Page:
Summer is on the horizon and we know many of you have some awesome travel plans! Last year we walked the Camino de Santiago in Spain and it was truly incredible. We used to daydream about it as roomies at Trinity University and we finally got the chance to make it a reality. Today we’re going to share our experience with y’all and offer some tips and tricks if you decide to make the journey yourself!
There’s so much to talk about so we’re going to break this blog post into two sections. It’s Christie here with the first one!
First off, it is your Camino.
Everyone has a completely unique experience on the Camino. We traveled together all day every day and we each walked away with a different perspective. Ultimately, take all advice with a grain of salt and realize that your time will be unlike anyone else’s time. Everyone walks for a different reason and will encounter their own challenges and blessings.
There are oodles of different routes and we walked the Camino Frances, which is one of the most popular ones. Between my teaching schedule, Kassie finishing her PhD, and the launch of our Kickstarter we couldn’t commit to the entire 30 day trip so we decided to take advantage of the window of time we actually had!
We flew into Madrid, then took a short flight to Biarritz, then a train ride to the start of the route at St. Jean Pied de Port (this charming little market town), which is actually just inside France. On the first day of walking you travel through the Pyrenees Mountains and cross the border into Spain. Each day we walked about 10-15 miles (our longest day was 17). We took a rest day about halfway through the trip but spent most of our time walking.
We have a detailed and printable packing list for y’all at the bottom of this post -- but I’m going to highlight a few items that are worth more explanation.
I thought I packed light and still brought too much. As a chronic over-packer, I only half-way listened to the advice to bring as little as possible. I ended up faring alright, but looking back I realize how many superfluous items I ultimately brought.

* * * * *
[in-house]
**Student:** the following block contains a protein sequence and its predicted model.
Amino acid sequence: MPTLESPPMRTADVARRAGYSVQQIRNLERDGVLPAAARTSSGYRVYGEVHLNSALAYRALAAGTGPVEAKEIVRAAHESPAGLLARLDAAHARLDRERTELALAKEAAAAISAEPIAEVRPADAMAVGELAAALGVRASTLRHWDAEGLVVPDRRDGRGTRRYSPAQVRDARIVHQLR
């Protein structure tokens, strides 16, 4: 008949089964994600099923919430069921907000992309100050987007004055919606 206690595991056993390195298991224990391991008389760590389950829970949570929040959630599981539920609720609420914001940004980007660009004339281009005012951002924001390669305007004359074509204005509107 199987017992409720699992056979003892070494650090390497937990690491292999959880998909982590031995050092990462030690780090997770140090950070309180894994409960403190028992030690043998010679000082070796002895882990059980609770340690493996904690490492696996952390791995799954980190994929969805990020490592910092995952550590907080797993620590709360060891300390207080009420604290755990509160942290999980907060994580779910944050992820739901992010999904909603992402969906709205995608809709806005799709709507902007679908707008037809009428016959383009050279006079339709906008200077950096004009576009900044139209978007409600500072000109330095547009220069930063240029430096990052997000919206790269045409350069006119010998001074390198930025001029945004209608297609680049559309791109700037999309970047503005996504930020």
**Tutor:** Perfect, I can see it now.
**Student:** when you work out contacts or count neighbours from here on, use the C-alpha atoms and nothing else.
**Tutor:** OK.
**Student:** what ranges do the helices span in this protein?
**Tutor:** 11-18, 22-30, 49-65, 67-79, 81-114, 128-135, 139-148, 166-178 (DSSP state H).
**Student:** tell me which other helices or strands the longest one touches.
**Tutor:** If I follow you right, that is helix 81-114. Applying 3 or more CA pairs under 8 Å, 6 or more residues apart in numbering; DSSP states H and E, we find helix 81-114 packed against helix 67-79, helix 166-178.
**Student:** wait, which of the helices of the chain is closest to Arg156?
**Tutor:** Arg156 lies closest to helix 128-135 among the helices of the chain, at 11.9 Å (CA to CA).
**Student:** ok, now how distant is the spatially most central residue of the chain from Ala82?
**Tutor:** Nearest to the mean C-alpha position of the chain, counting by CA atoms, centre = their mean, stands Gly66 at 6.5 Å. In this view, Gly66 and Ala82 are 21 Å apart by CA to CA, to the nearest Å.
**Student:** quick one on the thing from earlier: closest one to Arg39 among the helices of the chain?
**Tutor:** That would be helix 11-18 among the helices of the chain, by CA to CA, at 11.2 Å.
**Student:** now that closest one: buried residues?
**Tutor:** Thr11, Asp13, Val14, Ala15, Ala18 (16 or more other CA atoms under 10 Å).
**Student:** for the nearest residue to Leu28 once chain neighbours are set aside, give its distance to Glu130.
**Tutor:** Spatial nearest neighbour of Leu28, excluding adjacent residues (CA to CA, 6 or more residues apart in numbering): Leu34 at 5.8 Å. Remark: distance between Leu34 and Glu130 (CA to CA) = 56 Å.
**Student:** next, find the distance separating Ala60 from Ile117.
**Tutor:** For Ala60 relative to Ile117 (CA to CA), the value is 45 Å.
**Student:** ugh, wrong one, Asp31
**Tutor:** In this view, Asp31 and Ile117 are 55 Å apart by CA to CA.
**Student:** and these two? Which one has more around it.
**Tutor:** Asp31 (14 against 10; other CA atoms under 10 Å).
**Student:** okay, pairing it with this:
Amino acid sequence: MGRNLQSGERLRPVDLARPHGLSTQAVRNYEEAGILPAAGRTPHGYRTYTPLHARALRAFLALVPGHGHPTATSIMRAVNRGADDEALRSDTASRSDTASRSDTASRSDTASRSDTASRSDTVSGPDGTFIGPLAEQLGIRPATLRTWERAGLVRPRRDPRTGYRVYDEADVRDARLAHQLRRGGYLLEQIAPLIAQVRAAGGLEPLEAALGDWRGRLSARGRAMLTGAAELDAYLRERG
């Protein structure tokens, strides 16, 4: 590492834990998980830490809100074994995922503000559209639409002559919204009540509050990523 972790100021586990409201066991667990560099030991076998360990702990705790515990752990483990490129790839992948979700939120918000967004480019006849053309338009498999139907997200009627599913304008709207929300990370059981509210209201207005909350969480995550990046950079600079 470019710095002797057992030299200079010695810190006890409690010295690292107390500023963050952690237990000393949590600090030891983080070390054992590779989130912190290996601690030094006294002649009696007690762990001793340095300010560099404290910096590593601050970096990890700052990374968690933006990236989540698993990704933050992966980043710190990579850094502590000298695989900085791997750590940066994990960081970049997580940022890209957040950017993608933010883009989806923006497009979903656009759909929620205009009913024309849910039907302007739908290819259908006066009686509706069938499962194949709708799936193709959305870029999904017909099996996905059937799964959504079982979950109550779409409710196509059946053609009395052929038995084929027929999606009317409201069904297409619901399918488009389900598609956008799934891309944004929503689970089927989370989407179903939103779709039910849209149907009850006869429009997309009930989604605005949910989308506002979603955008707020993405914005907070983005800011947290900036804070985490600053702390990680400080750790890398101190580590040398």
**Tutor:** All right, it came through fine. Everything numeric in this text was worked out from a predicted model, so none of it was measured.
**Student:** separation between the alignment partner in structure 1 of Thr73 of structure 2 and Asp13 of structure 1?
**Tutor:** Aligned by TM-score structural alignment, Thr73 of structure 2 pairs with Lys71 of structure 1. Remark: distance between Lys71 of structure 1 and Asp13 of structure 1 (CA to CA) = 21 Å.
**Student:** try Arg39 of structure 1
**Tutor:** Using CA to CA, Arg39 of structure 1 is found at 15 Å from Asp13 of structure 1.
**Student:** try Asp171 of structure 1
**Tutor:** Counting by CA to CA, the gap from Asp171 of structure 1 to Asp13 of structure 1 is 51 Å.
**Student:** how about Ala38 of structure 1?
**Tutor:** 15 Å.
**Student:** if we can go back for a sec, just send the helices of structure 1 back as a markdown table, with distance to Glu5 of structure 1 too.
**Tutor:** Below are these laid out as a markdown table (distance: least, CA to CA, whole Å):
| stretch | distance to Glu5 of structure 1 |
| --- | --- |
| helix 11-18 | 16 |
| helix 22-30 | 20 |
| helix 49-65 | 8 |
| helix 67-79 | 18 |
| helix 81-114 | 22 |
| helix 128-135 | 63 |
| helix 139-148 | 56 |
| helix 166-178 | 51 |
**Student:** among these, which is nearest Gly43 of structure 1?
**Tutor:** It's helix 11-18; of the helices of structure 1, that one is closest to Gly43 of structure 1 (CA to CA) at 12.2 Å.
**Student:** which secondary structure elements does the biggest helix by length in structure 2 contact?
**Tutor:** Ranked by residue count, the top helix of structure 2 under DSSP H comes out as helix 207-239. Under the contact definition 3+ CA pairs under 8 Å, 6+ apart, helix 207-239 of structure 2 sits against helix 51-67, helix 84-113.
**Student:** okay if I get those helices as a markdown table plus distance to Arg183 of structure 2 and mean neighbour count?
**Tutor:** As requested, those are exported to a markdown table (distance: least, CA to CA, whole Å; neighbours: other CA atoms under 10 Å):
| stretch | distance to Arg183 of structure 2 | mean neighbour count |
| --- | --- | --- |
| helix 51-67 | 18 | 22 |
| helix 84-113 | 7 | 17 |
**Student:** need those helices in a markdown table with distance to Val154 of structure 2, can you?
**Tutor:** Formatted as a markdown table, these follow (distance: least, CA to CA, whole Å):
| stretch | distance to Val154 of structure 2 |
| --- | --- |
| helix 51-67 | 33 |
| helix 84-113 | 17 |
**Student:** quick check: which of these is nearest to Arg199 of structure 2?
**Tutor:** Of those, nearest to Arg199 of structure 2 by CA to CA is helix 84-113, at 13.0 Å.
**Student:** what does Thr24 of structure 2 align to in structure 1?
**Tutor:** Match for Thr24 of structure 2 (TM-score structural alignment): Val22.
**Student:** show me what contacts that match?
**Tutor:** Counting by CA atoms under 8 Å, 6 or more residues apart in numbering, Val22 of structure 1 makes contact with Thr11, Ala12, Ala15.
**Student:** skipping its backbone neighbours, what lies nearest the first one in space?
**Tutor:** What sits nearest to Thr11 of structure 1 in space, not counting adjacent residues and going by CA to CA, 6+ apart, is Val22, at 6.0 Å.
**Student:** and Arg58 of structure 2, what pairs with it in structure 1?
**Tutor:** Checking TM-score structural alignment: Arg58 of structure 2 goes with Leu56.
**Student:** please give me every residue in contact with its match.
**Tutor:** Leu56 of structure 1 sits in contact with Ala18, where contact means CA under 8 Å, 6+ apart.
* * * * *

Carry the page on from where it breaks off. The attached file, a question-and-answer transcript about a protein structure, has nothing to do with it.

Bringing a small sleeping sack or liner instead of a full on sleeping bag worked really well. It was warm in July and a lot of times I ended up sleeping on top of it. It rolled up tightly during the day and didn’t take up much space.
My scarf! (featured in the above photo) I wrapped it around my legs to attend Mass, put it over my shoulders when it was cold, used it as a pillow/blanket, used it as a curtain when we were in the bunks by tucking it into the mattress above me -- it was so handy! It folded up super small and didn’t add any weight or bulk to my pack. I bought mine at the Gap years ago but I’m sure it would be easy to find something similar!
For clothes I pretty much rotated through the same 2 outfits. I would walk all day in one outfit, hand wash it at the albergue using Dr. Bronner's soap (can also be used as your shampoo & body wash -- but make sure not to get this stuff in your eyes!), and change into the clean outfit which I would also sleep in and then walk in the next morning. Since we traveled in the summer our clothes dried quickly so the next morning I would just pack the clean set and repeat the process that evening. I took these Lululemon shorts and in my opinion they are worth every single penny. I've had these for years and have done crossfit workouts, mud runs, zip lining -- you name it, and they've always held up and been crazy comfortable. I rotated between 2 dry fit shirts, brought one set of yoga pants for the flight (which I was really glad to have), and I ended up buying one tank top near the end of the trip.
A small quick dry towel. Most albergues (hostels) will provide a pillow but you need to have your own towel and something to go on your bed. Since we traveled during the summer my towel was already dry by the morning. I would hang it over my bunkbed and use it as a curtain like I did with my scarf. This was one of the best items I brought!
My trail running shoes -- super lightweight and I had no blisters with them (although I always preemptively took care of blisters and would air my feet out during the day). I recommend going to REI and having them help you pick out a pair that fits your feet just right. Also, try to get them a couple months ahead of time so you can break them in.